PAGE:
It wasn't long before Roseanne's real-life antics made for great tabloid material. She was blasted for singing "The Star Spangled Banner" off-key during a baseball game in 1990; she divorced husband Bill Pentland and married fellow comic Tom Arnold, who became a semi-regular and later producer on the series. (The pair's rather unorthodox marriage also led to more publicity.)
Roseanne was also well known for turmoil behind the scenes of her show. During the first season, she managed to win a battle with creator and head writer Matt Williams, who was fired after clashing with Roseanne over the show's direction. Over the years, there was plenty of turmoil and changes in the writing and producing staff. They didn't make Roseanne any friends in notably chummy Hollywood, but the staff changes did help keep the show's quality at a high level. And to her credit, Roseanne was not afraid to deal with issues many other comedies refused to tackle-teenage sex; adultery; homosexuality; economic setbacks; and so forth.
Despite the show's popularity, Roseanne never won an Emmy for Best Comedy Series. Co-star Metcalf did pick up a statue; Goodman was nominated many times but never won. In 1993, the Academy of Television Arts and Sciences finally did the right thing and awarded an Emmy to Roseanne as well.
Also that year, Roseanne threatened to take her show to another network after ABC cancelled Tom Arnold's sitcom The Jackie Thomas Show-a series dealing with a temperamental, arrogant sitcom star, which was meant as a parody of the behind-the-scenes antics at Roseanne. Despite a plum timeslot (following Roseanne on Tuesday nights), "Jackie Thomas" turned off many viewers. But Roseanne had no say on which network aired the show, since it was owned by production company Carsey-Werner; Roseanne stayed on ABC but the marriage soon ended in a much-publicized and overplayed battle between Roseanne and Arnold.
During the 1995-96 season, Roseanne gave birth to a fourth child, Jerry Garcia Conner (the actress was also pregnant in real life), while Dan suffered a near-fatal heart attack during Darlene and David's wedding; the pair ended the season with a major fight and a temporary separation. The plot device was meant to accommodate John Goodman, who wanted to appear in fewer episodes as his film career began to take off.
For a show that tried to be true to its blue-collar roots, Roseanne stumbled and lost its direction during its final season. In the fall of 1996, Roseanne, Dan and Jackie became multi-million dollar Illinois State lottery winners. The entire season showed how the family tried to keep their good fortune from changing their ways. But for many fans, the lottery win was a betrayal of the original concept behind Roseanne. Despite some notable guest stars this final season, Roseanne fell out of the top 25 shows for the first time ever. (One pair of guest stars included Jennifer Saunders and Joanna Lumley of Absolutely Fabulous fame. It was no accident; Roseanne had bought the U.S. rights to the popular BBC comedy; despite several efforts, she was unable to sell the show to ABC or any other American network.)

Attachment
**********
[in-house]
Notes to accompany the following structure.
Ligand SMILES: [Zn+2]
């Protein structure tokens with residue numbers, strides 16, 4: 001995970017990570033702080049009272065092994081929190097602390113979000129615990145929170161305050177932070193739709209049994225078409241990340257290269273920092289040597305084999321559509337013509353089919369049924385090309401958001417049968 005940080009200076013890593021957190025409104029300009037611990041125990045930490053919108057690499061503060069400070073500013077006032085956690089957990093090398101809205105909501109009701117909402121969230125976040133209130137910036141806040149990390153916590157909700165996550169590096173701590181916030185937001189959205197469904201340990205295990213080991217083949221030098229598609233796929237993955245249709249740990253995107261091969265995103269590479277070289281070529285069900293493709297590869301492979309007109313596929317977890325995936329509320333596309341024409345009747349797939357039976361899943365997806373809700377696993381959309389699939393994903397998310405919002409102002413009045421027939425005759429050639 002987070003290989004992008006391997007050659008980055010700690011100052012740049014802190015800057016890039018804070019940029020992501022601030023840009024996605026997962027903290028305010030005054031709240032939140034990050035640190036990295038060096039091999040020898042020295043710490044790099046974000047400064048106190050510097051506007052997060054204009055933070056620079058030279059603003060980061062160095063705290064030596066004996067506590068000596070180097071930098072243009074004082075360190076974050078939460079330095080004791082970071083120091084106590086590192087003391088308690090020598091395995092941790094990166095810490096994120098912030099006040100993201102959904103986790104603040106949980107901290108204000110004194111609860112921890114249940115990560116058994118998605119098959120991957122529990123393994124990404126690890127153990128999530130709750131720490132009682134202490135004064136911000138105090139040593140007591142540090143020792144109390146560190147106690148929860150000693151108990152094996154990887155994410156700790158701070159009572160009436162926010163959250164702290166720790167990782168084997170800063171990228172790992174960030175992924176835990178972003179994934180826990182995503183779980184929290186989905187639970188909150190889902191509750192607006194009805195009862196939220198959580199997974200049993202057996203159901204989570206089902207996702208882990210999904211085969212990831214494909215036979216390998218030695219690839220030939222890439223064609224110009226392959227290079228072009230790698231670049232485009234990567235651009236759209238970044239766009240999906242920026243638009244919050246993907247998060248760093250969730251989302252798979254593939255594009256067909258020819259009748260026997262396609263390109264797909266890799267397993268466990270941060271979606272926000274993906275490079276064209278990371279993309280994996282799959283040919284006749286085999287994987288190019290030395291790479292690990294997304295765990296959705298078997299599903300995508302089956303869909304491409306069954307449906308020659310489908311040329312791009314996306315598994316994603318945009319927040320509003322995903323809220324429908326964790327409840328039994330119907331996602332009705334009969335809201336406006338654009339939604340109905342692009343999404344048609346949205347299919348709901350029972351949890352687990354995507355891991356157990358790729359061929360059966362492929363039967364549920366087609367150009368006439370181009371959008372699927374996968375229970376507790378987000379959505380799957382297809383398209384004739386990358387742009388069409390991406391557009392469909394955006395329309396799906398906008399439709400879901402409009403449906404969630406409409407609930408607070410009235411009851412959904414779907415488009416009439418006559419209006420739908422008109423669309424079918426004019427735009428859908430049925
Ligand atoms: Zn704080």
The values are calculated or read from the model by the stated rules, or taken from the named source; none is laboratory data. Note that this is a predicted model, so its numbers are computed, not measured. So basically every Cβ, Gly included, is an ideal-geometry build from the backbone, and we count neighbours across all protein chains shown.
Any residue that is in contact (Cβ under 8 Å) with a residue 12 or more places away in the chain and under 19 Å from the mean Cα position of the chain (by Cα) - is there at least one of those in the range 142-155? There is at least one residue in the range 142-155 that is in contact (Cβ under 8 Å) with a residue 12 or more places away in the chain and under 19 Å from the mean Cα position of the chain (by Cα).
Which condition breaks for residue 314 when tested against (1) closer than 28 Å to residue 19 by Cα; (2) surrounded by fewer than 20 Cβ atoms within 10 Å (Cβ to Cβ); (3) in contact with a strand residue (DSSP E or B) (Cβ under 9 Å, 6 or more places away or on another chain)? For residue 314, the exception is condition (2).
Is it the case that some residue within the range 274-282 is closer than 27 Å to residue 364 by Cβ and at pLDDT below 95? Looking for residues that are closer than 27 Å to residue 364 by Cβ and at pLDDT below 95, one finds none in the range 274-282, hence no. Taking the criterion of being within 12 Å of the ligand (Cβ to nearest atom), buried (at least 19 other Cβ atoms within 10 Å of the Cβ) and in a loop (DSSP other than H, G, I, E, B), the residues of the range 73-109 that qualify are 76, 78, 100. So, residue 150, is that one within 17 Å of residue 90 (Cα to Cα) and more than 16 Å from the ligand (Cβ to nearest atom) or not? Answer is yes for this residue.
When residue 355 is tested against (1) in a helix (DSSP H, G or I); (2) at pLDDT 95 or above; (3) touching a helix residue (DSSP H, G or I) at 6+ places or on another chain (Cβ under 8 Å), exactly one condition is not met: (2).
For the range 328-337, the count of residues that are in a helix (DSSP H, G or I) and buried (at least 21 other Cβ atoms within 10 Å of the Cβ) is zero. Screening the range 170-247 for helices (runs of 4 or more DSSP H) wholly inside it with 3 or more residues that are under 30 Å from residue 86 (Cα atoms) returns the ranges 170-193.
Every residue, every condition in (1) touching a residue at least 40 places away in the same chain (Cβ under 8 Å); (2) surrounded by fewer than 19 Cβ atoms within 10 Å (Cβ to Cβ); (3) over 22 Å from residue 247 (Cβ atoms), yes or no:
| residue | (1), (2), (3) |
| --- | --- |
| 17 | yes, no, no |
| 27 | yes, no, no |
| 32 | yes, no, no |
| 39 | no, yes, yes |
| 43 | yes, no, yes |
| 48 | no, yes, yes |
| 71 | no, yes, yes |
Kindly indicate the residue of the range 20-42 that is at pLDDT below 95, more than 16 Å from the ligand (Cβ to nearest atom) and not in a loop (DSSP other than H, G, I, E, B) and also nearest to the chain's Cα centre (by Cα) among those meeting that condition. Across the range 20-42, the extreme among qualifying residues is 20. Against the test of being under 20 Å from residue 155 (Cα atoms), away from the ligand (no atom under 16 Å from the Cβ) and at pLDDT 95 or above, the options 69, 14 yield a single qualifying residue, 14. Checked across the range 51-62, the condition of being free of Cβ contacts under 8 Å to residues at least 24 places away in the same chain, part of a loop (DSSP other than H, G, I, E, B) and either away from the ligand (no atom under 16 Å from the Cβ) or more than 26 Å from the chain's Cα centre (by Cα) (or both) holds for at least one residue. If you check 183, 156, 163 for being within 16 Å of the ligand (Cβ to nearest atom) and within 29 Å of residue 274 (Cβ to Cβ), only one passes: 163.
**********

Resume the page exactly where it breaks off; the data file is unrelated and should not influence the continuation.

The series finale on May 20th, 1997 had Darlene giving birth to Harris Conner Healy. In the final minutes, viewers also learned that the entire final season of Roseanne was a figment of Roseanne's literary imagination. The family did NOT win the lottery, while Dan actually died after suffering a second heart attack. Roseanne decided to move on with her life by becoming a writer.
A year after the show's demise, Roseanne returned to television with her own talk show. The Roseanne Show was syndicated to local stations, but viewers weren't ready to see the former sitcom star talking to celebrities and chatting with various guests. The series ran only two years.
In 2003, the success of The Osbournes and other family reality shows led to Roseanne's return to television. The concept of The Real Roseanne Show was to give the star her own cooking show called Domestic Goddess on cable's ABC Family network. To promote the program, the parent ABC network planned to air a six-week "reality show" that showed Roseanne and her family working behind the scenes to create and put together the concept. (The show was also co-created by documentary producer R.J. Cutler.) But not long after its August 2003 debut, it was clear Roseanne's latest comeback effort was not working.
Critics were unkind, and viewers were simply not interested in seeing the 50-year-old Roseanne try reality TV. The Real Roseanne Show was yanked from ABC before it scheduled finale, in part because Roseanne had to undergo a hysterectomy in real life. News reports at the time indicated that the first episode of Domestic Goddess was so bad, ABC Family refused to air it. Faced with those factors, ABC scrapped the entire concept, leaving Roseanne with no show at all.
There is no doubt Roseanne will return to television one day. What she'll do next is anyone's guess. But it's very likely her long-running sitcom will be the true and much-deserved testament to Roseanne's talent.